Bah! A parenthetical by any other punctuation is still a parenthetical.
Not really, each punctuation marks has certain associations. Parenthesis are designed to yank you out of the current conversation to impart specific information—which is why it's frowned on in fiction. Commas work, without much significance one way or the other, while em-dashes denote something significant, something worthy of special note, it draws the eye. I frequently use them for a brief aside which foreshadows a major event to come in the future. Readers may not read much into it, but because it's marked in such a way, they tend to pay more attention to it, so it's likely to remain in their memories longer than a simpler aside.
The key, though, in all of this, is to NOT pull the reader out of the story. If you can't figure out a way to include the information in the story, then it usually belongs on the cutting room floor as immaterial to the story. If the aside isn't essential to understanding or advancing the story, then it's just not worth the effort.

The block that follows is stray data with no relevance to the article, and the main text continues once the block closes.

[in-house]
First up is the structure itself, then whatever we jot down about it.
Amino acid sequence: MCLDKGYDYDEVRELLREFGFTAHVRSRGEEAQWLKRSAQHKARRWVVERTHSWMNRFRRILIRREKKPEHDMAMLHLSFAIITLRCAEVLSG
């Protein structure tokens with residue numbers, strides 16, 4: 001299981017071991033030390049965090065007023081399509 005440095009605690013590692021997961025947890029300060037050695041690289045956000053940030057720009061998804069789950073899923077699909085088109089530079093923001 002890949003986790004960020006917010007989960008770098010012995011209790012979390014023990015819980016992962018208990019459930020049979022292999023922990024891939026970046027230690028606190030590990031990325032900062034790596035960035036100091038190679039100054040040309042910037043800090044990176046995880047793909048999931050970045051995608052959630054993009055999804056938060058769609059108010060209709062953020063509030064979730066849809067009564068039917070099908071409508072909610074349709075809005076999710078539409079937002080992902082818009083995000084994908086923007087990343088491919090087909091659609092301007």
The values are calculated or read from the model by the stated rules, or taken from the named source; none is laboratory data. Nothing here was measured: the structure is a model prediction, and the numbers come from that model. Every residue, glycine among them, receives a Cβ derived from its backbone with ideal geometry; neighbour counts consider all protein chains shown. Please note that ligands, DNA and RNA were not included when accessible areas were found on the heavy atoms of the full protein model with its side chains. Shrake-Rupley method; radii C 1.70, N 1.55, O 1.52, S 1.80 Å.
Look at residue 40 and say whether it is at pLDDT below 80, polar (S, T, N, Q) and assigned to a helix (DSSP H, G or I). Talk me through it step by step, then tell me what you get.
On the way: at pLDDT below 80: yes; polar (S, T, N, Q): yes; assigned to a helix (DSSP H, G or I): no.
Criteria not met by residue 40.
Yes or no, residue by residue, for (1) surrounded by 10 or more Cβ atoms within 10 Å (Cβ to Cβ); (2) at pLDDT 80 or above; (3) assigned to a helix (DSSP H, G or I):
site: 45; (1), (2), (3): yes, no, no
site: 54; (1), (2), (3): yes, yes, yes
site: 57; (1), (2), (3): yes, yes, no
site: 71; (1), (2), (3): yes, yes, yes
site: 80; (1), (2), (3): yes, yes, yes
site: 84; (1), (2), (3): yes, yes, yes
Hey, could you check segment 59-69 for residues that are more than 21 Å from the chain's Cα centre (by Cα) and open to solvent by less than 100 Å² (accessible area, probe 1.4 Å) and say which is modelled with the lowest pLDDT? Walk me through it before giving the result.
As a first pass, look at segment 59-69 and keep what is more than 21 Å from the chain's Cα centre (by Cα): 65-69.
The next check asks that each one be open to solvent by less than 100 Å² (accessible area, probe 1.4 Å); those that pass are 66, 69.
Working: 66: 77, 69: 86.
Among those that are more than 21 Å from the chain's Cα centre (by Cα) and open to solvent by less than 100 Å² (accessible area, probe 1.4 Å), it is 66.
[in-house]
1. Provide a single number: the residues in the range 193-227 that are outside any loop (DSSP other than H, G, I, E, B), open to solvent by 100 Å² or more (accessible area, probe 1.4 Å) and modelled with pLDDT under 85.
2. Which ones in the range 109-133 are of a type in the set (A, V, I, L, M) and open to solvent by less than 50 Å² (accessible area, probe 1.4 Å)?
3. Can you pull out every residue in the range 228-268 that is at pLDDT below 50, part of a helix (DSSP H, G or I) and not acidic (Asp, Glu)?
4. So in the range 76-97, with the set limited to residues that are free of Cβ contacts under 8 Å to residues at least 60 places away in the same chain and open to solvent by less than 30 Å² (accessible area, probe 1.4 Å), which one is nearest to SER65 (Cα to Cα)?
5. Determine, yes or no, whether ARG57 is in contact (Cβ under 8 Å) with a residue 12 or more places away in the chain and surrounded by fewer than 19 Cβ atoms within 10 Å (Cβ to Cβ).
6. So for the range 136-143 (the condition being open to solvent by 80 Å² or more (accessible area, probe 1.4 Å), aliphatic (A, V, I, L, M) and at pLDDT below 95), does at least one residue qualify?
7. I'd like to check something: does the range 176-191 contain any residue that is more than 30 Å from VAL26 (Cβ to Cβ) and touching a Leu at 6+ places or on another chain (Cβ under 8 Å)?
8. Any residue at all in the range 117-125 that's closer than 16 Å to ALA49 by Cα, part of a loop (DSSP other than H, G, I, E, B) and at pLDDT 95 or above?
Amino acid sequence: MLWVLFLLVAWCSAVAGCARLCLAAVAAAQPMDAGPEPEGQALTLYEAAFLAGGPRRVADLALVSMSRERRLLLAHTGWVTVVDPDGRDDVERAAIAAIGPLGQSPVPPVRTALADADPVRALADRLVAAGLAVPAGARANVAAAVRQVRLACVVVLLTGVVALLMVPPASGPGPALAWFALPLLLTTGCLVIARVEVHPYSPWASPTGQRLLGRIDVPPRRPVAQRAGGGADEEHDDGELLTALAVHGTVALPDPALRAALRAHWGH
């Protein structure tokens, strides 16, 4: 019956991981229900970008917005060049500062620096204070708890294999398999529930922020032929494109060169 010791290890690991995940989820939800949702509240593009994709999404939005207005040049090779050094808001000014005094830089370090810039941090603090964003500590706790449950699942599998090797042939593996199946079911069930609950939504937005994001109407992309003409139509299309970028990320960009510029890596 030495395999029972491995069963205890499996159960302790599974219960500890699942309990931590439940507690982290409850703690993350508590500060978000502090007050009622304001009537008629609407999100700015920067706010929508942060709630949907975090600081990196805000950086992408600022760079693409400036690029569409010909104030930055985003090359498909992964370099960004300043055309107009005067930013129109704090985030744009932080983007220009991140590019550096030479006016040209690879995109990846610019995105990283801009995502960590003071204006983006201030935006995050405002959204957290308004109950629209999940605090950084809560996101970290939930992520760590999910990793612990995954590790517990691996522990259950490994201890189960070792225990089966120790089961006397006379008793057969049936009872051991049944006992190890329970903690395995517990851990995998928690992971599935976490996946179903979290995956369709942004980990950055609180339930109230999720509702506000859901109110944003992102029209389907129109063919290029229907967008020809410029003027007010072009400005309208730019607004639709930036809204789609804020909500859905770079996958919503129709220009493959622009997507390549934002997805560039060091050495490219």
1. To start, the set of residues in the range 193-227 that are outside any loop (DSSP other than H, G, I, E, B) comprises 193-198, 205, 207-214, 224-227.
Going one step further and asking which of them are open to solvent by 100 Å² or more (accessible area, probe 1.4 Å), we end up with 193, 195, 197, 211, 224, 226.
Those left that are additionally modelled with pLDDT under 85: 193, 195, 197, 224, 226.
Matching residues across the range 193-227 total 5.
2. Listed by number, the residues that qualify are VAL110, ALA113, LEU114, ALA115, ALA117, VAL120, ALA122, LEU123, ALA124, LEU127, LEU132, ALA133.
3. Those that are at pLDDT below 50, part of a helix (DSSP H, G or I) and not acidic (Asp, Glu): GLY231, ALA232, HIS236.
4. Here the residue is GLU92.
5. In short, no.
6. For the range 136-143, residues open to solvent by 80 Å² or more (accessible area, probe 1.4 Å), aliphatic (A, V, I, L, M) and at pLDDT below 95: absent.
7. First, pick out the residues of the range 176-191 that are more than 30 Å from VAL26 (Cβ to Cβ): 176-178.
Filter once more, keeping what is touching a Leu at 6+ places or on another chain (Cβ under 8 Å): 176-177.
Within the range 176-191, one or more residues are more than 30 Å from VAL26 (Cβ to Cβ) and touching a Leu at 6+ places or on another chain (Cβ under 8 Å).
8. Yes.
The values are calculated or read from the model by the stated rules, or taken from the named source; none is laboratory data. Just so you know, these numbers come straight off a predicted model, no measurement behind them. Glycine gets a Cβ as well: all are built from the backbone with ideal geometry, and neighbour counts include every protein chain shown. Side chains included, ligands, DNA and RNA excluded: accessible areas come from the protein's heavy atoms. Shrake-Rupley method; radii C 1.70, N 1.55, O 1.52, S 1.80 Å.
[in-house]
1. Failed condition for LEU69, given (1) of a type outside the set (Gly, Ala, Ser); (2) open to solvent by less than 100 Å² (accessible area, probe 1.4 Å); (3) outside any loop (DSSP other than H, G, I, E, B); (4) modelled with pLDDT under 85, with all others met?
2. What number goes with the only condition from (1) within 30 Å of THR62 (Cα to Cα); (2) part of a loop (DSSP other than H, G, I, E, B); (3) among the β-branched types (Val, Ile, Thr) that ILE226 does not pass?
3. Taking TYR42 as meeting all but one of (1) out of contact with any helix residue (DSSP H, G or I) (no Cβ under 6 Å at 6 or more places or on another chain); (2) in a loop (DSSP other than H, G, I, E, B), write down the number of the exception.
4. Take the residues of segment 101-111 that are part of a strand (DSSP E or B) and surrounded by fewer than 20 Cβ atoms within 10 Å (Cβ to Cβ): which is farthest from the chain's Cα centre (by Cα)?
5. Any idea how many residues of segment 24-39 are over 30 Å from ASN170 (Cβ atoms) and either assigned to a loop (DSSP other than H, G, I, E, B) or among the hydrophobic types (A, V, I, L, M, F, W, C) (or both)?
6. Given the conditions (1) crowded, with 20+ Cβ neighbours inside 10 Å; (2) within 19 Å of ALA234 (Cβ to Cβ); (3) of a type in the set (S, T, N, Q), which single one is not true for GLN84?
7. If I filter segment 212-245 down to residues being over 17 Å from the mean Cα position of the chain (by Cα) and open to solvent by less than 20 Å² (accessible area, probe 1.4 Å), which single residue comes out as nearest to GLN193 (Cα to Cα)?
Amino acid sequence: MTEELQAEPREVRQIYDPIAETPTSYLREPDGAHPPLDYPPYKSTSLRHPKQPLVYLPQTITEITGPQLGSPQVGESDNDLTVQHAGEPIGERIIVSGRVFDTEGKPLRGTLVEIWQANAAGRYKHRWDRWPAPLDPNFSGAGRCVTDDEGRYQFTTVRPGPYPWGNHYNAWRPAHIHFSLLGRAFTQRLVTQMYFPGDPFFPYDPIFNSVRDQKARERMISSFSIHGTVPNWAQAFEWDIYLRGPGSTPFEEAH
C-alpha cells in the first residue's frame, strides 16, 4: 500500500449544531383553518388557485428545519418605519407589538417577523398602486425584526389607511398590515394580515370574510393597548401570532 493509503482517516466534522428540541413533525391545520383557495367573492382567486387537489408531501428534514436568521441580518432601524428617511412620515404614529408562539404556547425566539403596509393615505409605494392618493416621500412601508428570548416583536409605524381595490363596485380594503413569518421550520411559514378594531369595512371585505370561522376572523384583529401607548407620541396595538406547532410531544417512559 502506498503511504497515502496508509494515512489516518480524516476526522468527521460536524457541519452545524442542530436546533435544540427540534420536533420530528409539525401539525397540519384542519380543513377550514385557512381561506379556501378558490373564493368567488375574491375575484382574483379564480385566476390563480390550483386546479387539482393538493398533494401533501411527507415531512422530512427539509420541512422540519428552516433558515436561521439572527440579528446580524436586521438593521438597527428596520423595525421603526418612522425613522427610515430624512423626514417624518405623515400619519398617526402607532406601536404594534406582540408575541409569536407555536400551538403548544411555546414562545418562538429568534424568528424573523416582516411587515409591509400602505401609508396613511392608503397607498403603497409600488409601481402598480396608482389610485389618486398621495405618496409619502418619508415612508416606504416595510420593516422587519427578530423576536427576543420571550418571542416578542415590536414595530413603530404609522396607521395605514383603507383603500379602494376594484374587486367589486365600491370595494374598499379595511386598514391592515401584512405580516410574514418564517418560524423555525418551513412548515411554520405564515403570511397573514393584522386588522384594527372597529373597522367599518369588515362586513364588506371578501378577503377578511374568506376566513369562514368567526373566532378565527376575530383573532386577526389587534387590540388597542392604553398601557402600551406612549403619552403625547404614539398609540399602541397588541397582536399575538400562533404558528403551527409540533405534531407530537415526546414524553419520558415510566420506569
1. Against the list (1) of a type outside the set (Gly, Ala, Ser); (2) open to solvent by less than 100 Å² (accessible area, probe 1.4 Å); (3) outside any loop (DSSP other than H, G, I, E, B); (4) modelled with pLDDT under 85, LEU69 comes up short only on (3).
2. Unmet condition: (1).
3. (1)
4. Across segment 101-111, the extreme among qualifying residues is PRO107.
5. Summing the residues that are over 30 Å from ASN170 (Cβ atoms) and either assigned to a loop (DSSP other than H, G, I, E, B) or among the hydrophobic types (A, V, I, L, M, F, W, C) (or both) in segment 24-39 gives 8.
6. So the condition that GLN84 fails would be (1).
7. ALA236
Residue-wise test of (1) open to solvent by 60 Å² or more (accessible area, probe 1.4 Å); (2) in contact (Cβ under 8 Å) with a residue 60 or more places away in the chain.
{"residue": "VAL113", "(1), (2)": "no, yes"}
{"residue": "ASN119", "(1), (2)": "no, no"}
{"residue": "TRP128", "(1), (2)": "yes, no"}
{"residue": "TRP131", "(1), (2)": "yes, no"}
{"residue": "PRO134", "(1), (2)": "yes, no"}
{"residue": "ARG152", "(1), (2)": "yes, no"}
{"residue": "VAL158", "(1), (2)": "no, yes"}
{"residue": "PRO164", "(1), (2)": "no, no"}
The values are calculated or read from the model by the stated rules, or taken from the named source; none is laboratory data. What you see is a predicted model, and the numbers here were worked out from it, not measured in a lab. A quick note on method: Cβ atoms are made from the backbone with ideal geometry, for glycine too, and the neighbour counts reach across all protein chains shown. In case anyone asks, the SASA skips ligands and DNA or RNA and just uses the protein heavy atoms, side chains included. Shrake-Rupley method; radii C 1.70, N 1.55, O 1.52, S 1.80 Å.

A good example of this is how you might spell out abbreviations in parentheses in an email, but in fiction, it's cleaner to include the information in dialogue, as it's 'more natural' coming from the characters rather than from the author himself (re: Author Intrusion).
"We're from NCIS."
Tim sighs. "The Navel Crime Investigative Services."
The suspect rolls his eyes. "Couldn't you just say the damn Navy cops?"
"If I could, I would. You won't believe the number of times I've got to explain who the hell we are. NCIS doesn't just roll off the tongue like shouting 'POLICE!' does."